In the very early years, the company was focused on a single product: a heating mat.

“They started doing a closed molding process and learned later that the name for it in the industry was resin transfer molding,” says Hindman.

The company then began building its portfolio of proprietary product lines for the agriculture sector. The company owners soon realized the challenges that came with relying on one industry for the livelihood of a small business in rural Kansas, so they set out to diversify the company by doing custom molding work for major original equipment manufacturers (OEMs) like John Deere and Textron, Inc.

The custom-molding segment expanded, and Osborne Industries developed a reputation for delivering quality custom molding solutions. In the mid-1990s, it introduced a new process, called reaction injection molding (RIM), in response to a major need by the military for FMTV fenders. Its RIM molding capabilities have expanded to include a multitude of projects using a variety of materials such as polyurethanes and polydicyclopentadienes (pDCPD). Resin transfer molding, however, still makes up the largest percent of the company’s custom molding work today.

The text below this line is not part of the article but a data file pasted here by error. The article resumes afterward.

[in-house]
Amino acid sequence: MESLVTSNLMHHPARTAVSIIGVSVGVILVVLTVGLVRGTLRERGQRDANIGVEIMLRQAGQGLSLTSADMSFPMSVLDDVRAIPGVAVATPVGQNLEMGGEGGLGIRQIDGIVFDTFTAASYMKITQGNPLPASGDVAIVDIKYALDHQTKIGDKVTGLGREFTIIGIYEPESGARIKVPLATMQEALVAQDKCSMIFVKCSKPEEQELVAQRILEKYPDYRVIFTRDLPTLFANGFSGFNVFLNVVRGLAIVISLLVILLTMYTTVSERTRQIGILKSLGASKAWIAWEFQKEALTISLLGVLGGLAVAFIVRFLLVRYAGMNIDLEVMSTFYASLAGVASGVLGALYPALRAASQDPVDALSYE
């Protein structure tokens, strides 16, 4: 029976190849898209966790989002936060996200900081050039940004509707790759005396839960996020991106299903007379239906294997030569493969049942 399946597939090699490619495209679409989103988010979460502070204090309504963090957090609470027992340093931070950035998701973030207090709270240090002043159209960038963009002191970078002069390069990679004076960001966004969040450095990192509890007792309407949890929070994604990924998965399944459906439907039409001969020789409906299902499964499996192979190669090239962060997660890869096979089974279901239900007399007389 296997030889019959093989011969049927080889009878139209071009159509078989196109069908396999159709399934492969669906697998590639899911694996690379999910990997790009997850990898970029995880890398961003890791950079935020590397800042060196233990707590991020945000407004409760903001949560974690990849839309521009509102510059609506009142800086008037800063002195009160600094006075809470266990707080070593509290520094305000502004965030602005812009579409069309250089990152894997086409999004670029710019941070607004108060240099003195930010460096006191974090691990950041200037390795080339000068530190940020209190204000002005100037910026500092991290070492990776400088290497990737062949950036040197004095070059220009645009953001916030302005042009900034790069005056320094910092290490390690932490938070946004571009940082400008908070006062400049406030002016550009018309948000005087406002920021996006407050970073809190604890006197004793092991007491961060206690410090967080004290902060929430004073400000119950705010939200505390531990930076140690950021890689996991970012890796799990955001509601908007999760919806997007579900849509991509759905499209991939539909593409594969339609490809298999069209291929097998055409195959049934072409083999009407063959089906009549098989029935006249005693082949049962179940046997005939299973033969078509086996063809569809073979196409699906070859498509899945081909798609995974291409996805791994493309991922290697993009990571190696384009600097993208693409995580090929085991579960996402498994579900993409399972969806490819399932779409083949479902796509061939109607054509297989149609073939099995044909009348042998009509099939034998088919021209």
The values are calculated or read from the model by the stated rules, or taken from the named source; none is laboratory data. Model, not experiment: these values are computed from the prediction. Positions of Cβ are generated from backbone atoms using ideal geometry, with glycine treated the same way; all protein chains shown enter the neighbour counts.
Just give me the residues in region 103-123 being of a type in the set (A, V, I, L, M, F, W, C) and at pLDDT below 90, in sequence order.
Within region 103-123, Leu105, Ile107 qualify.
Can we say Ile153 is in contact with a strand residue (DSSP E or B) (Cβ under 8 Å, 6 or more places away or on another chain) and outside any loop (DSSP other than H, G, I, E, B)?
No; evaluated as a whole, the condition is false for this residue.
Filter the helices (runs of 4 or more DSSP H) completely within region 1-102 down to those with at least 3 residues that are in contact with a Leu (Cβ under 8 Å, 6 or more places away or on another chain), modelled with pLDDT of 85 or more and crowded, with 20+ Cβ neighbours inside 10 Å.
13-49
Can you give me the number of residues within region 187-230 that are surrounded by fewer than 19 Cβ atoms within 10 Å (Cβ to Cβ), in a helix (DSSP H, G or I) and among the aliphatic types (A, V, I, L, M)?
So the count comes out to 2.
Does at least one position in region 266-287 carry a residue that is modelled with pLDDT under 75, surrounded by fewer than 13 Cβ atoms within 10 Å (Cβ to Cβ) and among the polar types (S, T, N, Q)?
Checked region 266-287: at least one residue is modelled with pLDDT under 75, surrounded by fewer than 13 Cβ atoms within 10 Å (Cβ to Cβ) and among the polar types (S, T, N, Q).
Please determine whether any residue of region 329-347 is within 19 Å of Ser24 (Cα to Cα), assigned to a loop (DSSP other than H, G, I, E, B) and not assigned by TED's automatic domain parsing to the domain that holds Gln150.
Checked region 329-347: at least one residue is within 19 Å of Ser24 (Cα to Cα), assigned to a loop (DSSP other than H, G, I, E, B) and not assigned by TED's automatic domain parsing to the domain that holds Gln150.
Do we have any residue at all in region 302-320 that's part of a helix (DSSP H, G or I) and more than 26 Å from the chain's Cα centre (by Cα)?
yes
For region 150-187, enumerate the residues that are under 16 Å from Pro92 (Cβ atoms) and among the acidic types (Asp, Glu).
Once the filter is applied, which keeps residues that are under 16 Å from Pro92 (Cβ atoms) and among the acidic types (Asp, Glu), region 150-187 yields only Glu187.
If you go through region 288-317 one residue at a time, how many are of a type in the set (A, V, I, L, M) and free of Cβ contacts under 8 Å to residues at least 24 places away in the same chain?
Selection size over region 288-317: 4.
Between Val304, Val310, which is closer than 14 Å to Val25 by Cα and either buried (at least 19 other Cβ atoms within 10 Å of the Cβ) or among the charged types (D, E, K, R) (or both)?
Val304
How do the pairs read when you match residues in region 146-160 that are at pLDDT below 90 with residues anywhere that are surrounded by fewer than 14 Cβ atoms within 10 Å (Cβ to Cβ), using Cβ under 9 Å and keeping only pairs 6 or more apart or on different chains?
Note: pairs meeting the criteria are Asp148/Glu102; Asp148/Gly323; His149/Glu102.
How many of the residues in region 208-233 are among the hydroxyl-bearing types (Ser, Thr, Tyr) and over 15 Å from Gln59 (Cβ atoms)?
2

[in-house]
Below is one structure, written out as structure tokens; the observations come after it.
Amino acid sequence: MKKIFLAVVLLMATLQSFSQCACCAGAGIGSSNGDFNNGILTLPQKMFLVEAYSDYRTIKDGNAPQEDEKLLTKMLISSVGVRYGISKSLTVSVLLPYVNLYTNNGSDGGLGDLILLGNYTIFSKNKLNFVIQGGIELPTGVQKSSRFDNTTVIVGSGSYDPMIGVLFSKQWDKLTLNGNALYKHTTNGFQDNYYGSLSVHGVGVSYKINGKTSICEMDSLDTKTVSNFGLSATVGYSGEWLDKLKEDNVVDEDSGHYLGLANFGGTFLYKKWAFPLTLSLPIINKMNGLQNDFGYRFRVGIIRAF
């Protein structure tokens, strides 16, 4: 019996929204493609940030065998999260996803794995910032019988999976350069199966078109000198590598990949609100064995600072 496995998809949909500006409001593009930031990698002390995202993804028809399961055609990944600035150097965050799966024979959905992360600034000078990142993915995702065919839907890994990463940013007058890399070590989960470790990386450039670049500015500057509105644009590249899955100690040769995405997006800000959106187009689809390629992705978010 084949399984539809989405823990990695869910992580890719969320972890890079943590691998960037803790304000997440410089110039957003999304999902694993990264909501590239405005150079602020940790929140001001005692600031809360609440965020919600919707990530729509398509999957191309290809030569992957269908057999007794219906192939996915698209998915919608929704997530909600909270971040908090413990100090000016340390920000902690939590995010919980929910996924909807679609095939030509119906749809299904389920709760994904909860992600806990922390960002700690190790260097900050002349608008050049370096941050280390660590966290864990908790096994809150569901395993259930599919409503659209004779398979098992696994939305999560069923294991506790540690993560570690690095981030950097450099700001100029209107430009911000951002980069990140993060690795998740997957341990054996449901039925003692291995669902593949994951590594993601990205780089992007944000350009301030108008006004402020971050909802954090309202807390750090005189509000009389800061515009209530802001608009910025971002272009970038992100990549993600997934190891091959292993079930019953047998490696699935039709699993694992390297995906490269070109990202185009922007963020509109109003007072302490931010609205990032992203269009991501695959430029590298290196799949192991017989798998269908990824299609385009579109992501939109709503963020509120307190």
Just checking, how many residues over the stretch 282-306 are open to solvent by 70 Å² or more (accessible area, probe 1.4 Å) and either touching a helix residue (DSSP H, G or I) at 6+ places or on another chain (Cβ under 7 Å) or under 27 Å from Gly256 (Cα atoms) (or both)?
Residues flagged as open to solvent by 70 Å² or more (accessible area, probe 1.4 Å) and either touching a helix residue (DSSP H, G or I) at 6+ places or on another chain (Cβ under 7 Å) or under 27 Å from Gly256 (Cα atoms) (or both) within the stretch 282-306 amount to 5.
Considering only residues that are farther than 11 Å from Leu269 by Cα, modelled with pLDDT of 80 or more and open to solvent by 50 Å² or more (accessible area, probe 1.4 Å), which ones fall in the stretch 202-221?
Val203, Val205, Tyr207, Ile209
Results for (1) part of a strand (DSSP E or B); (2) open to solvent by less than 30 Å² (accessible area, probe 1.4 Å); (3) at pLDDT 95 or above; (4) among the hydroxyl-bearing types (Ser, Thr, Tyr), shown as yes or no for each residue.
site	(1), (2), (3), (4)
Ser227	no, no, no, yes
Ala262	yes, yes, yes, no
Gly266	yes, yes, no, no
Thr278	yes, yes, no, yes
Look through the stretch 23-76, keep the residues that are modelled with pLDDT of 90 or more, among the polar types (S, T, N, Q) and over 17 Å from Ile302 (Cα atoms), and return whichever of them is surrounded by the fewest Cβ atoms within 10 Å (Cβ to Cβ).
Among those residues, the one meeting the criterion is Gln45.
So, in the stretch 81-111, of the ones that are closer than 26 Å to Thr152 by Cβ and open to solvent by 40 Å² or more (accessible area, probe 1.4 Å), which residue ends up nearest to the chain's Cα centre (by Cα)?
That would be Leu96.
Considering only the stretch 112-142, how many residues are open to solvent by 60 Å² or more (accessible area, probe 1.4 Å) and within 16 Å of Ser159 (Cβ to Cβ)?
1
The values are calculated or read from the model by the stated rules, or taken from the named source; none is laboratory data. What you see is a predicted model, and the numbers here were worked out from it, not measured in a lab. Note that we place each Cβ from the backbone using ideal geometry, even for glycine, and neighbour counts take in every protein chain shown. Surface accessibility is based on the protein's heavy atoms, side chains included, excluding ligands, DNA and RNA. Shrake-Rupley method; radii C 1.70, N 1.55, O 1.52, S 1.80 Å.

Over the years as the company grew, the majority ownership was held by two brothers who stayed with and managed the business since the early years. Outside buyers expressed interest in purchasing the company as the brothers approached retirement age; however, the problem was that outside ownership “could jeopardize the whole purpose of Osborne Industries being founded in the first place,” recalls Conrad. “A new owner could move the company out of Osborne, which would also negate the original intent behind its founding.”